Augurscope: a portable mixed-reality interface for outdoor environments
The Augurscope: a portable mixed-reality interface for outdoors.
The augurscope consists of a tripod-mounted display that can be wheeled to different locations and then rotated and tilted to view a virtual environment that is aligned with the physical background. Video from an onboard camera is embedded into this virtual environment. The augurscope utilises a GPS receiver, electronic compass, accelerometer and rotary encoder to acheive global position tracking at the same time as smooth local interaction. In August 2001 we [researchers] tested an initial application in which the public explored Nottingham's medieval castle from the site of its modern replacement. Analysis of use revealed issues with lighting, movement and relating virtual and physical viewpoints, and showed how environmental factors and physical form affected interaction.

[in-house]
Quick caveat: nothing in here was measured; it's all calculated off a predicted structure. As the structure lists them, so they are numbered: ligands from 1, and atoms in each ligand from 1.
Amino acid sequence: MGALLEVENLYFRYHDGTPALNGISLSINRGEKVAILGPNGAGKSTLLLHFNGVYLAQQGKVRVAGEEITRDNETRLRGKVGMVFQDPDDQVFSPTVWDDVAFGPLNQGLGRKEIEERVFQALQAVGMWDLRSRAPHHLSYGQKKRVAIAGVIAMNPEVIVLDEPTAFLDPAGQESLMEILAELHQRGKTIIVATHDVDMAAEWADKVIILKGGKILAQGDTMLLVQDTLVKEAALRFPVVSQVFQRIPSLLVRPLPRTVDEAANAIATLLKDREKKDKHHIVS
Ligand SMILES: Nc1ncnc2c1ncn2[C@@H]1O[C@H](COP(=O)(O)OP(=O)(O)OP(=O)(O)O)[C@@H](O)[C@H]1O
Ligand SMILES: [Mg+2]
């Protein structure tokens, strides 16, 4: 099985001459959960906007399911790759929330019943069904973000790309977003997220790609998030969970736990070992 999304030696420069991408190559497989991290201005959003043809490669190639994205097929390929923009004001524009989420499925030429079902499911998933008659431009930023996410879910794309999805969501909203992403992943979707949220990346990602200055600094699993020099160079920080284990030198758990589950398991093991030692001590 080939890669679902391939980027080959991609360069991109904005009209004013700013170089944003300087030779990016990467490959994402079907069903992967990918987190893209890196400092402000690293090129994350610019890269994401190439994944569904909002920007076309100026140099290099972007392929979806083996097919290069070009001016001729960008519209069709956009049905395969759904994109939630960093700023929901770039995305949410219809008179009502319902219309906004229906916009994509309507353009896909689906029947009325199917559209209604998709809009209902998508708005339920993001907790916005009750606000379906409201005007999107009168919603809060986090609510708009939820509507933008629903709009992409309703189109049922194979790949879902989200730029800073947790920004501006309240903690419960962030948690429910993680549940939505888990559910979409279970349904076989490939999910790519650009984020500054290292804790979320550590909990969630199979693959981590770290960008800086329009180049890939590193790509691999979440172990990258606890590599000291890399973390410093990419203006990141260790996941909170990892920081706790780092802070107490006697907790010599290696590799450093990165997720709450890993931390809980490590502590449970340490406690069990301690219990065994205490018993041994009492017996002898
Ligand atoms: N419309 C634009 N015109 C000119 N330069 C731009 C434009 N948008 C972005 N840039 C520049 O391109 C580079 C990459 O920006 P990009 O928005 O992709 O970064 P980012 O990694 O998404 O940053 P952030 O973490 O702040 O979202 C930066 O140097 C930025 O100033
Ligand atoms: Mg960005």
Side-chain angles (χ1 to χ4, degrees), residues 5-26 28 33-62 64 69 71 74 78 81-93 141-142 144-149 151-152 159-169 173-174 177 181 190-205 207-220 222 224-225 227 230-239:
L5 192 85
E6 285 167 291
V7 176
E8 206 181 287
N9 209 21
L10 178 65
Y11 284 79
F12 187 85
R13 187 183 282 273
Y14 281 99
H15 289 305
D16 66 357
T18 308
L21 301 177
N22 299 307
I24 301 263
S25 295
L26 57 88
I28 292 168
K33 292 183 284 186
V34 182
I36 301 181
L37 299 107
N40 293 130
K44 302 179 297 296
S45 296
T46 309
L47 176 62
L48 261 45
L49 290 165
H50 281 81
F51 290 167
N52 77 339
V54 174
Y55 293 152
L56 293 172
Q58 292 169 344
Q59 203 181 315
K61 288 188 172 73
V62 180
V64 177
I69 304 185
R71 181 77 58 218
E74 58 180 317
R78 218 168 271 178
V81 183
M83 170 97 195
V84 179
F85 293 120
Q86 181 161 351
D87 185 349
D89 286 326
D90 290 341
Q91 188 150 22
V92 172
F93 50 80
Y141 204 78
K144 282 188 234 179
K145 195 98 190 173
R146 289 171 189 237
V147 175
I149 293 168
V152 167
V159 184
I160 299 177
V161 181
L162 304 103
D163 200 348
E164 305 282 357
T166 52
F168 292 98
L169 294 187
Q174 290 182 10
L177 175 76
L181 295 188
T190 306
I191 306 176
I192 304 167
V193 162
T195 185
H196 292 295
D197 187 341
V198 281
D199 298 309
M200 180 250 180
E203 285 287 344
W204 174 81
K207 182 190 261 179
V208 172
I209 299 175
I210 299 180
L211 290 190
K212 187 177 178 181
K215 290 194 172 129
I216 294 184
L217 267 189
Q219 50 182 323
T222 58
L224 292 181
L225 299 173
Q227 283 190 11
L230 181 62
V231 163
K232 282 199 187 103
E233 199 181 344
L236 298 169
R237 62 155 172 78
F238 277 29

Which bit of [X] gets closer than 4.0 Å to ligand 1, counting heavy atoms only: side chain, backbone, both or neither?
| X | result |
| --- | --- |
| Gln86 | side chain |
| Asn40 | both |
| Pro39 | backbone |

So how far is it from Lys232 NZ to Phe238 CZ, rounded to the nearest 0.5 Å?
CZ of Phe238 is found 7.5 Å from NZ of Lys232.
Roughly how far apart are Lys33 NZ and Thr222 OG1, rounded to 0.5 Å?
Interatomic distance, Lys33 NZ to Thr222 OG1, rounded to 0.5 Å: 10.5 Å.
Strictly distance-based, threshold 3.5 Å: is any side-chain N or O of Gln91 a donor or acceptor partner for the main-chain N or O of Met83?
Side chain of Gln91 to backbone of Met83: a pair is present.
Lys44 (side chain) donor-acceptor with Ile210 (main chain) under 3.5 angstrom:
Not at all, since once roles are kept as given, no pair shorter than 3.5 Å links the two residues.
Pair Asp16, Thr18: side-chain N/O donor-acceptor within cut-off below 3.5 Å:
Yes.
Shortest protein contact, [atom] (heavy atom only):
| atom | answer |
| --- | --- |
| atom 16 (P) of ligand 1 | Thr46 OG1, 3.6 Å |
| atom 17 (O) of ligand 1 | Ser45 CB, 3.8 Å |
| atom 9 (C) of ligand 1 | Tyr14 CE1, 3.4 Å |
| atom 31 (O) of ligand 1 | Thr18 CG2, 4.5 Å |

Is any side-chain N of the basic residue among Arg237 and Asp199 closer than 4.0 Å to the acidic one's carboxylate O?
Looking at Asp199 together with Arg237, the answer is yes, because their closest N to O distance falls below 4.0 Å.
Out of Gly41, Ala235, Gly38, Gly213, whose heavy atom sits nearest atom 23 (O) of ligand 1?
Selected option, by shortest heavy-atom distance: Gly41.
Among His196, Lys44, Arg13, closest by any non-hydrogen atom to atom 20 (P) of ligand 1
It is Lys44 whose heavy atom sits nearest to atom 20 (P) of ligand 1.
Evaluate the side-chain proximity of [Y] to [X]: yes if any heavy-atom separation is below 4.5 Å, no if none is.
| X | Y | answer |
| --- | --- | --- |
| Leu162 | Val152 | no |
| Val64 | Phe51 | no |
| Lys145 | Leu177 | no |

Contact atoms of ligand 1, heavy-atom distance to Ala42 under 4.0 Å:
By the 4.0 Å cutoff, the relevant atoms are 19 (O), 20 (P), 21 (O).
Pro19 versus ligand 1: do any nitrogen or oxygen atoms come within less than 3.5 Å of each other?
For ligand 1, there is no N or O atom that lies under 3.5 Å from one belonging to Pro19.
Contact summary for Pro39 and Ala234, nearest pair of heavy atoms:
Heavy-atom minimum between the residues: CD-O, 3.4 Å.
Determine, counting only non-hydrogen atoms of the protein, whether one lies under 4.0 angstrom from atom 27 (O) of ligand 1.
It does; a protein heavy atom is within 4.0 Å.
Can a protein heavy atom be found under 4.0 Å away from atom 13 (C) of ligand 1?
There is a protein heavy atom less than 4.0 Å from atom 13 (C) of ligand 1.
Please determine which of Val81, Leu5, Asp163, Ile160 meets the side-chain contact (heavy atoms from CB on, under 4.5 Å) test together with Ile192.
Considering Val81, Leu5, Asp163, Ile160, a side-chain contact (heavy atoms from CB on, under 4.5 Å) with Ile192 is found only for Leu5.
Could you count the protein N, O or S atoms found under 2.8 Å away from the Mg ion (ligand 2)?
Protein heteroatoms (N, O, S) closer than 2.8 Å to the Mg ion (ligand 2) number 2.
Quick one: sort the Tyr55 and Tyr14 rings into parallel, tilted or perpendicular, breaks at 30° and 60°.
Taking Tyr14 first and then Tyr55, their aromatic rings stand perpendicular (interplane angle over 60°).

Paper about it: Holger Schnadelbach, Boriana Kolvea, Martin Flintham, Mike Fraser, Paul Chandler, Malcolm Foster, Steve Benford, Chris Greenhalgh, Shahram Izadi and Tom Rodden. The Augurscope: A Mixed Reality Interface for Outdoors. In: ACM Conference on Computer-Human Interaction (CHI'02), pages 9--16. ACM Press, April 2002.
There is also a second version: